Thursday, June 29, 2017
Book Review: 'The Geek's Chihuahua: Living with Apple' by Ian Bogost
The Geek's Chihuahua: Living with Apple
By Ian Bogost
Review by David Wineberg
I open these mini-books with trepidation because they are usually incomplete thoughts, unresearched theories, or halfbaked editorials. The Geek’s Chihuahua is the opposite. It is a complete history, a thoughtful analysis and a tidy encapsulation. It is a time capsule for what we lived through when something called Apple ruled.
Starting with the Apple II, Bogost and I had the same experiences, and this was nostalgic for me. I also remember my 150 baud modem, which I hooked up to the hotel room telephone by removing its cover and physically attaching wires to the phone’s terminals. It bypassed the hotel’s Centrex system because the receiver never left the hookswitch, so my hourlong e-mail and chat sessions never got billed. My point is that it is not so different today than it was 35 years ago; hyperemployment is not a 21st century phenomenon caused by the iphone. Underemployment is however, and the time wasted on iphones is a disease worth remarking on. And Bogost does so.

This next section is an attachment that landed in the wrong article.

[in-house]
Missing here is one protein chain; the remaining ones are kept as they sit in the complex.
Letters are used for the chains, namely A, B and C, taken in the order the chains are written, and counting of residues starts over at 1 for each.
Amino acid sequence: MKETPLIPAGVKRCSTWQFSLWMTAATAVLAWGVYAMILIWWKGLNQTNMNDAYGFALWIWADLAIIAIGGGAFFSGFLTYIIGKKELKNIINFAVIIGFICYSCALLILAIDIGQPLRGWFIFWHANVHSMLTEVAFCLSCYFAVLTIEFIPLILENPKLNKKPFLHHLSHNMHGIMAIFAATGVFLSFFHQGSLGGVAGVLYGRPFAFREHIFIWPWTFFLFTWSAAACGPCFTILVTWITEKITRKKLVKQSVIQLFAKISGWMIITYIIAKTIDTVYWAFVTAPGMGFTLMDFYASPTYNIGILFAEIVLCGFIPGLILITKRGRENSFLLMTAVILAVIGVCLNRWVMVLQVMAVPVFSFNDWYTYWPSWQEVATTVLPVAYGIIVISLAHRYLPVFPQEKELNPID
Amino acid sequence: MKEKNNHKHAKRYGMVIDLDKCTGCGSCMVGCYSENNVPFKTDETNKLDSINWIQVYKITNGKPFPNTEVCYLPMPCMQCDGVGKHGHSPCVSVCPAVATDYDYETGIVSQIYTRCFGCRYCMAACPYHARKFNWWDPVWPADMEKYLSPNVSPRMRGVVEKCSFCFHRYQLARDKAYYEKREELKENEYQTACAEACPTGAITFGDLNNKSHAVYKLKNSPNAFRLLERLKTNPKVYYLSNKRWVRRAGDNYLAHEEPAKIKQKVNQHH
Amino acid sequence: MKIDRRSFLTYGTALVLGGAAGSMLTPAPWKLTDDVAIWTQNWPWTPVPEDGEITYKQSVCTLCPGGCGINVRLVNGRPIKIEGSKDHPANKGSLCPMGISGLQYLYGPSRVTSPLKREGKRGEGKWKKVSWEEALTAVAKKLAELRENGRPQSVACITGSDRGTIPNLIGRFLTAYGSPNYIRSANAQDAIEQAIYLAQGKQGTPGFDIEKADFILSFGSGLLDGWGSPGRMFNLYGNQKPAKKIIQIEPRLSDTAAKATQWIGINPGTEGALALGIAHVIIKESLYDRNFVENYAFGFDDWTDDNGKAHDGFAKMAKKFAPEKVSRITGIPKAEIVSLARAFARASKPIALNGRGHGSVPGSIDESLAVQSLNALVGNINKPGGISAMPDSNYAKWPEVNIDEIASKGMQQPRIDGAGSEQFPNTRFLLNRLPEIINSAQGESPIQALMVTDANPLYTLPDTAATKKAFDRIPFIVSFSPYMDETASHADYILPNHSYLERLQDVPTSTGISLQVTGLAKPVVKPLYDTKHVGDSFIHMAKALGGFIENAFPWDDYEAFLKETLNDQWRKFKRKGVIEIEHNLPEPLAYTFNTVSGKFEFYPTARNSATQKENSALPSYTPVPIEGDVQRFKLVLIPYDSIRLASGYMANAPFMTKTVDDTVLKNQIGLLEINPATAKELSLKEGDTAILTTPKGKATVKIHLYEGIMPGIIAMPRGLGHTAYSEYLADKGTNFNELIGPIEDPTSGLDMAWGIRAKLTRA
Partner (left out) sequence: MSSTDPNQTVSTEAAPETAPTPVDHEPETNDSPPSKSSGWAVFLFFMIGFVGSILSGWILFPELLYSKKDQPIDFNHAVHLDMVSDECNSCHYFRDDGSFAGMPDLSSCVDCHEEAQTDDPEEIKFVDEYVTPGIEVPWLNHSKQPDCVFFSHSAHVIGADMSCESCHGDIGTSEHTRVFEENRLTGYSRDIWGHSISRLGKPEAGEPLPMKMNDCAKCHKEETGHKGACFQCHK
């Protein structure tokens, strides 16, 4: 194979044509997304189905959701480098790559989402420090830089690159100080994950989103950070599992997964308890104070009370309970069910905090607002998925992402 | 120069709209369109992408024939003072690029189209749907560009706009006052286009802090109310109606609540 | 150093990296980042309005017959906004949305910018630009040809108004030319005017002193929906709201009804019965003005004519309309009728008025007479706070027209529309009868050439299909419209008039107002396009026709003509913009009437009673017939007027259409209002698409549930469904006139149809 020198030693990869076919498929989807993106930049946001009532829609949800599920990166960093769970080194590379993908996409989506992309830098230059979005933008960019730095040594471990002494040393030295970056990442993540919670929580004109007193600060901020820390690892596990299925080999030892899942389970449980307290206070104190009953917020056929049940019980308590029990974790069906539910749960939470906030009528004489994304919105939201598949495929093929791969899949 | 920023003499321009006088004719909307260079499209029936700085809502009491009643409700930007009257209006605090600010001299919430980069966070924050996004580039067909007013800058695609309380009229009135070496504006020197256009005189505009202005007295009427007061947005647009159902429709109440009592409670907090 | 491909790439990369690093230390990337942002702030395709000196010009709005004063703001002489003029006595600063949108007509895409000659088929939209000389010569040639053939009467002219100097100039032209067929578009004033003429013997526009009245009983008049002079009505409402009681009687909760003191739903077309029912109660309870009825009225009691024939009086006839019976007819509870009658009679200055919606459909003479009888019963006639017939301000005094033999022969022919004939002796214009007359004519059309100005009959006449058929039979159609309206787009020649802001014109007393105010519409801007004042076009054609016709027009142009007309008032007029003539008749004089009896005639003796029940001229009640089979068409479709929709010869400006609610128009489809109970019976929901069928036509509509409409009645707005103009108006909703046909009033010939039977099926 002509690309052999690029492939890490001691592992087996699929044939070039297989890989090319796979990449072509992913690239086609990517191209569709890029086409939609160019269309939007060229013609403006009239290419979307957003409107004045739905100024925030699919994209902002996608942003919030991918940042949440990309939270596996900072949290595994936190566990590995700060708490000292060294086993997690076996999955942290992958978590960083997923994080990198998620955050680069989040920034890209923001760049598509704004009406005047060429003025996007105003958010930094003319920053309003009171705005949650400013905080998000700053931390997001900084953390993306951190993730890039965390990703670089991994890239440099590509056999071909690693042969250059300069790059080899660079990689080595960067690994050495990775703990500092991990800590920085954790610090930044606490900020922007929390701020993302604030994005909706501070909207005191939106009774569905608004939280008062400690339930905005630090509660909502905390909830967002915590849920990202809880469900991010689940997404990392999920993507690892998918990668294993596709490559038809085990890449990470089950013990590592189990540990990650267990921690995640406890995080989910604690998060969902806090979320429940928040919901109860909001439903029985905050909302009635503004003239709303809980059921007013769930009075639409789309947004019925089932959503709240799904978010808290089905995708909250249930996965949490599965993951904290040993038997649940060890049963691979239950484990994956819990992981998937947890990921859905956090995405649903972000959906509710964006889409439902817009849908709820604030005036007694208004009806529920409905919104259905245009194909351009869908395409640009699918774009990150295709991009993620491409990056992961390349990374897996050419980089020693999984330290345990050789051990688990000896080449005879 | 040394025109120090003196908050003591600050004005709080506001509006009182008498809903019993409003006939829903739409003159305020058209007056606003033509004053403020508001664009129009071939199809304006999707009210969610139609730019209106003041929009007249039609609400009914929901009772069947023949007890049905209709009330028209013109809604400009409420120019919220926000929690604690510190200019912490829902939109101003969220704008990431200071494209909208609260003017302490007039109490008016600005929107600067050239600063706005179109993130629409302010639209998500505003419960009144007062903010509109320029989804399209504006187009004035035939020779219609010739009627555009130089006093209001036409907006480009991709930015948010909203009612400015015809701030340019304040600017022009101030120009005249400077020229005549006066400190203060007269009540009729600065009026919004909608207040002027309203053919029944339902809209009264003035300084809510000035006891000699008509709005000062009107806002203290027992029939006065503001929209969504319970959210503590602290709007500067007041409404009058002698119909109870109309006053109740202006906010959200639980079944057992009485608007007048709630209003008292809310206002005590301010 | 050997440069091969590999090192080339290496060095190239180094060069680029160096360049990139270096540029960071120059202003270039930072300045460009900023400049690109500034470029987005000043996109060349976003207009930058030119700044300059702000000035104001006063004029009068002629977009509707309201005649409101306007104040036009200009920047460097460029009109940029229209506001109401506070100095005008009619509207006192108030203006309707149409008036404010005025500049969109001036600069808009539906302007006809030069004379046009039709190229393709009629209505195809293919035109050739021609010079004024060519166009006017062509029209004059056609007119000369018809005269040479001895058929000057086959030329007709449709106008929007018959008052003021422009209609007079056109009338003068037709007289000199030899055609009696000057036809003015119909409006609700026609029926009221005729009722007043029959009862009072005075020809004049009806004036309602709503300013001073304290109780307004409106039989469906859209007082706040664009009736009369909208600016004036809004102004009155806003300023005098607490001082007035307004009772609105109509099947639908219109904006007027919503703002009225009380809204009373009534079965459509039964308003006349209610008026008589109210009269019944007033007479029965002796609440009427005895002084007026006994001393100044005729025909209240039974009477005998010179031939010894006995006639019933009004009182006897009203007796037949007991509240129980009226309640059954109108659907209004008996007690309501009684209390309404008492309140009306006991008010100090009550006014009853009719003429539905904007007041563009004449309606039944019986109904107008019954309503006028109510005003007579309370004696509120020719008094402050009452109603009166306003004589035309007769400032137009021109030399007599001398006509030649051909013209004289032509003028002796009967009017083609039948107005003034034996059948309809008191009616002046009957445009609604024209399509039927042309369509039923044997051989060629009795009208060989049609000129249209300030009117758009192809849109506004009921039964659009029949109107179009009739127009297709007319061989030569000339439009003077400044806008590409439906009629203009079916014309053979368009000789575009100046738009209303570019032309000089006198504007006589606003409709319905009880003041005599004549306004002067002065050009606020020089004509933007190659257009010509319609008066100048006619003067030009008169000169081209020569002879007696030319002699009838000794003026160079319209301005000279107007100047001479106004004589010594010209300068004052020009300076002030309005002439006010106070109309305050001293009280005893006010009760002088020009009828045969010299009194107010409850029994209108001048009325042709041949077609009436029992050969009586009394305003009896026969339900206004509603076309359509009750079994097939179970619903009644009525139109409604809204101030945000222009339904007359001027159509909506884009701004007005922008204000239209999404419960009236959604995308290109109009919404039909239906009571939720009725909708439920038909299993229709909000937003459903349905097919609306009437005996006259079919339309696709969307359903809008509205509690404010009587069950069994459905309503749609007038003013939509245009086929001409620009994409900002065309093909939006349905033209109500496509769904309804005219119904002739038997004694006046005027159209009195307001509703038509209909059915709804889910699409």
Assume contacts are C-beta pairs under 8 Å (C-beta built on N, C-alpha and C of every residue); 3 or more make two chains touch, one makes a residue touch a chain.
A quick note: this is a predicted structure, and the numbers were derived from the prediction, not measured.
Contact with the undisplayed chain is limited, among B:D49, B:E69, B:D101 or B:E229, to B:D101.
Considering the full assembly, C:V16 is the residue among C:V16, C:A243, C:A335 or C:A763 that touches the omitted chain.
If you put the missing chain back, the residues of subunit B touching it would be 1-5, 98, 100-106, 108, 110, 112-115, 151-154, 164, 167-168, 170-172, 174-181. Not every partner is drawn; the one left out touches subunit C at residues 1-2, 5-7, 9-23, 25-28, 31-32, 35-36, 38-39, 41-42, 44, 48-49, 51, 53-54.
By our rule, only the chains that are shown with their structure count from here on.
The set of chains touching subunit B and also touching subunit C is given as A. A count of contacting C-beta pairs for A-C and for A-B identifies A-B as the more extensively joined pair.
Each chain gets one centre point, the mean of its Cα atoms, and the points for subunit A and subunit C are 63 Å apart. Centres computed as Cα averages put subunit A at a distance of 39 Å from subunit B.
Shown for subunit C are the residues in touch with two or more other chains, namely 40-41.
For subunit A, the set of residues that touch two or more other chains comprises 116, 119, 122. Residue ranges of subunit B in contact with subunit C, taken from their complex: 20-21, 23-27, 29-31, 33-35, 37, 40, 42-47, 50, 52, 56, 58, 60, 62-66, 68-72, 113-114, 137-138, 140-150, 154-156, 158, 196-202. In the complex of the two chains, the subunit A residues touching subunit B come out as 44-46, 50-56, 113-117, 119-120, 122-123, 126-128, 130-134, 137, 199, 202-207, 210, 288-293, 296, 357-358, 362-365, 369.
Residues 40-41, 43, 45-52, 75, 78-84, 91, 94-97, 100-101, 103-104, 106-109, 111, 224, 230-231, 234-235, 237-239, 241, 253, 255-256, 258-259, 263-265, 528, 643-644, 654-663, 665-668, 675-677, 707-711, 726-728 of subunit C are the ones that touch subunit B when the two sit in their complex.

The most memorable finding is that Apple is no longer about pushing the bounds of technology; it is all about pushing the bounds of fashion. New iterations focus on the showy rather than the functionality. Must have means must be seen to have. Planned obsolescence isn’t even necessary, though it it there in all its ugliness.
I’m a little surprised Bogost didn’t mention the old fashioned corporate beast Apple has become. It hoards vast piles of money, bigger than the currency reserves of most countries, yet refuses to pay its store employees more than minimum wage, insisting they should be thrilled to live The Apple Experience instead. Apple refuses to even consider unions. Apple wants Europe to authorize freezing women’s eggs so they can work longer when they’re young, and not bother coming back to work when they’re more expensive to employ. And of course, Apple is all about the walled garden and its own proprietary standards, the very opposite of the open systems of the idealistic good guys.
Bogost swiftly summarizes the rise of various Apple products and the societal fallout from them, making the company the poster child for the technology slaves many have become. He does it with pinpoint perceptions and accurate reflection, often of himself. The Geek’s Chihuahua is a little gem.
Editor's note: This review has been published with the permission of David Wineberg. Like what you read? Subscribe to the SFRB's free daily email notice so you can be up-to-date on our latest articles. Scroll up this page to the sign-up field on your right.